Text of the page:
The Archdeacon for Women spoke with sadness and anger in her voice, as she told Synod of the damage wrought by domestic abusers.

Archdeacon Hartley, along with Canon Sandy Grant who chairs the Domestic Abuse Task Force, came to Synod to present the final version of the Sydney Anglican Policy on Responding to Domestic Abuse.

Although the provisional policy has been in force and circulating among churches since the 2017 Synod, the Task Force had left open the policy and guidelines as it gathered further information on the best ways to combat the scourge of Domestic abuse and family violence.

Members of the Task Force sat in the public gallery as Synod unanimously declared the policy was finalised and thanked them for their work.
“Over the last year, as you requested, we received feedback on the provisional Policy. Importantly, two members of the Task Force met with a group of victims and survivors of domestic abuse who were former spouses of clergy and ministry workers.” Canon Grant said. “These women made many suggestions regarding the Policy and Guidelines. The Task Force thanks all who took the time to respond, and especially the courage of survivors, in offering their valuable perspectives. Many of their suggestions related to improving how our Policy is more helpfully heard and received by victims, as well as avoiding a shallow view of repentance.”

Canon Grant speaking to SynodCanon Grant outlined the changes the committee has made to the provisional policy.

“We underline that Clergy and lay ministers do not typically have professional expertise in the area of domestic abuse. Faithfulness in Service explicitly advises us to obtain professional advice.” he said.

Abusers can be 'groomers'

There were also clarifications that the safety-first priority for victims must include their continuing to stay safe, not just finding safety in an initial crisis.  

Canon Grant also said the Task Force noted the ‘sad possibility that perpetrators of domestic abuse can groom church members and leaders.’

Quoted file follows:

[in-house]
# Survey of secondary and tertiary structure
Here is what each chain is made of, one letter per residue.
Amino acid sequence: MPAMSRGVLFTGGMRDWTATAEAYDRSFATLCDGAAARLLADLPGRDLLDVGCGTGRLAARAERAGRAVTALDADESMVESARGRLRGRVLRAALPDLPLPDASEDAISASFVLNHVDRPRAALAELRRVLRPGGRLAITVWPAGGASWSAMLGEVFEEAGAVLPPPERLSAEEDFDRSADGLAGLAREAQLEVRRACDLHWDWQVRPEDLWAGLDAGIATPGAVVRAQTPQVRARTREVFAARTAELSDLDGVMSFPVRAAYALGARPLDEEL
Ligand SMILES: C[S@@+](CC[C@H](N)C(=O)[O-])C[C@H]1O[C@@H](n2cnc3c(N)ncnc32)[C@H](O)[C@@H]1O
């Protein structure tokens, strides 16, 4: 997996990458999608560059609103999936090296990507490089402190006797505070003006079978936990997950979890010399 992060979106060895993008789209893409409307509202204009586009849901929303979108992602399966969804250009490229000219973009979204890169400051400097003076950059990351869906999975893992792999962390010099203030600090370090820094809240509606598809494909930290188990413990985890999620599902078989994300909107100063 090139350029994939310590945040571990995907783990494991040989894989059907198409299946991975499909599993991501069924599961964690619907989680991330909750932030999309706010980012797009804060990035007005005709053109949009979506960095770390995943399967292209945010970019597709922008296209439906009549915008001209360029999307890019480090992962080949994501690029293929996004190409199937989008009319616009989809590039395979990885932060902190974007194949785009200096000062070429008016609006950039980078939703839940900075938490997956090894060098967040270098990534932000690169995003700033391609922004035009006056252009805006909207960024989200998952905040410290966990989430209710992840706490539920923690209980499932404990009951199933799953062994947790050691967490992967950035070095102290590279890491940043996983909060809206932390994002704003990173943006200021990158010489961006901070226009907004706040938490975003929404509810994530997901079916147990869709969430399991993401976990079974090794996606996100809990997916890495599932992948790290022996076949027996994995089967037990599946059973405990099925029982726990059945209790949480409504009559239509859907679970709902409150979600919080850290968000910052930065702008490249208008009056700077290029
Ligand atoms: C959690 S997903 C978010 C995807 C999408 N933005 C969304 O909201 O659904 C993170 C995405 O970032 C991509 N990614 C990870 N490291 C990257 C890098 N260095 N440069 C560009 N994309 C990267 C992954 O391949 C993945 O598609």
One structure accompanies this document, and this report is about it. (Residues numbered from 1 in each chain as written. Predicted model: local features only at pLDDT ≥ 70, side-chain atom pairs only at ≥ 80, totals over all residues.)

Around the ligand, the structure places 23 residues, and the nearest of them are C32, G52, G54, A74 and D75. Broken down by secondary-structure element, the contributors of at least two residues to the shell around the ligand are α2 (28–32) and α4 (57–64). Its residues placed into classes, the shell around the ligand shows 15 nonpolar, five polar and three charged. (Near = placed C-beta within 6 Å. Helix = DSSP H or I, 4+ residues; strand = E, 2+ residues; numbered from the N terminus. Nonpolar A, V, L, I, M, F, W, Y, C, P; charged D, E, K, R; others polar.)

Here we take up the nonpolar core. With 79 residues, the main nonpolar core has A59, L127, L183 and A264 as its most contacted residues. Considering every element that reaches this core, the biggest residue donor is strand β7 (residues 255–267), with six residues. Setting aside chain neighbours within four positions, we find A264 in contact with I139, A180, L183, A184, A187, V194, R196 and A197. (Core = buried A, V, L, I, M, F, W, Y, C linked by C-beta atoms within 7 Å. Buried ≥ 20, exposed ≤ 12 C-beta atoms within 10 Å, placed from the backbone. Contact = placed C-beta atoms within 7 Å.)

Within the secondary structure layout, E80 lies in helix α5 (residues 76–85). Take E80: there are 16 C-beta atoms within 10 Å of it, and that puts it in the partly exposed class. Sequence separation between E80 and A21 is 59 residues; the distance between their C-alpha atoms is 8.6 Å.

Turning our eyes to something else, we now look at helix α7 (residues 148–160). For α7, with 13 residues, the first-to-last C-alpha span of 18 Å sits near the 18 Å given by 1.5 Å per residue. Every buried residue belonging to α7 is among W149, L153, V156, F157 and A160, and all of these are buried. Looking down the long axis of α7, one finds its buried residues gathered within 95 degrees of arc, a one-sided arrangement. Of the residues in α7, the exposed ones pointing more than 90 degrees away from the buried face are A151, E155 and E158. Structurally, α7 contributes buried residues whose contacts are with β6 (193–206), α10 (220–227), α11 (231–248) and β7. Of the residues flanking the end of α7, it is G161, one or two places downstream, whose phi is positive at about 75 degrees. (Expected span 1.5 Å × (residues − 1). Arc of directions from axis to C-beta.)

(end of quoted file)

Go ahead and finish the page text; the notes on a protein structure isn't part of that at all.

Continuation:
He said “...yielding to domestic abuse that enables sin to continue without consequence is not good for her, for him, for their marriage, or for the children. It’s bad in every respect. So we must avoid cheap grace and shallow understandings of forgiveness.”

Archbishop Davies has urged parishes to follow through on the recommendations, including establishing a local Domestic Abuse policy, if they have not already done so.

Archdeacon Hartley spoke about the distribution of publicity materials, in several languages.

“Not only will this help to educate but it helps to alert people to our church’s stance on this behaviour. We know that clergy and church workers can feel out of their depth when dealing with cases of Domestic Abuse at church. We are pleased that the PSU has undertaken to develop a training module to help us navigate our way through.” Archdeacon Hartley said.

On abuse among ministers or lay workers, Archdeacon Hartley said “The Episcopal team is very committed to supporting the spouses of clergy and lay ministers who are victims of domestic abuse, especially knowing that if the marriage fails or there is a need to separate, housing may become a critical issue, as well as schooling. These are significant pressure points and vulnerabilities that need to be catered for.”

A ministry spouse support fund has been established for such situations.

Archdeacon Hartley also spoke of materials being produced to help victims recognise when the Bible is being misused against them.

“As I have been preparing for tonight, I've been struggling to capture my own feelings at the evil that is done when God’s precious word is twisted and used to excuse violence.” the Archdeacon said in a heartfelt address.

“I feel sadness and then I get so angry. To act violently is evil in itself but to falsely claim divine sanction is so outrageous.”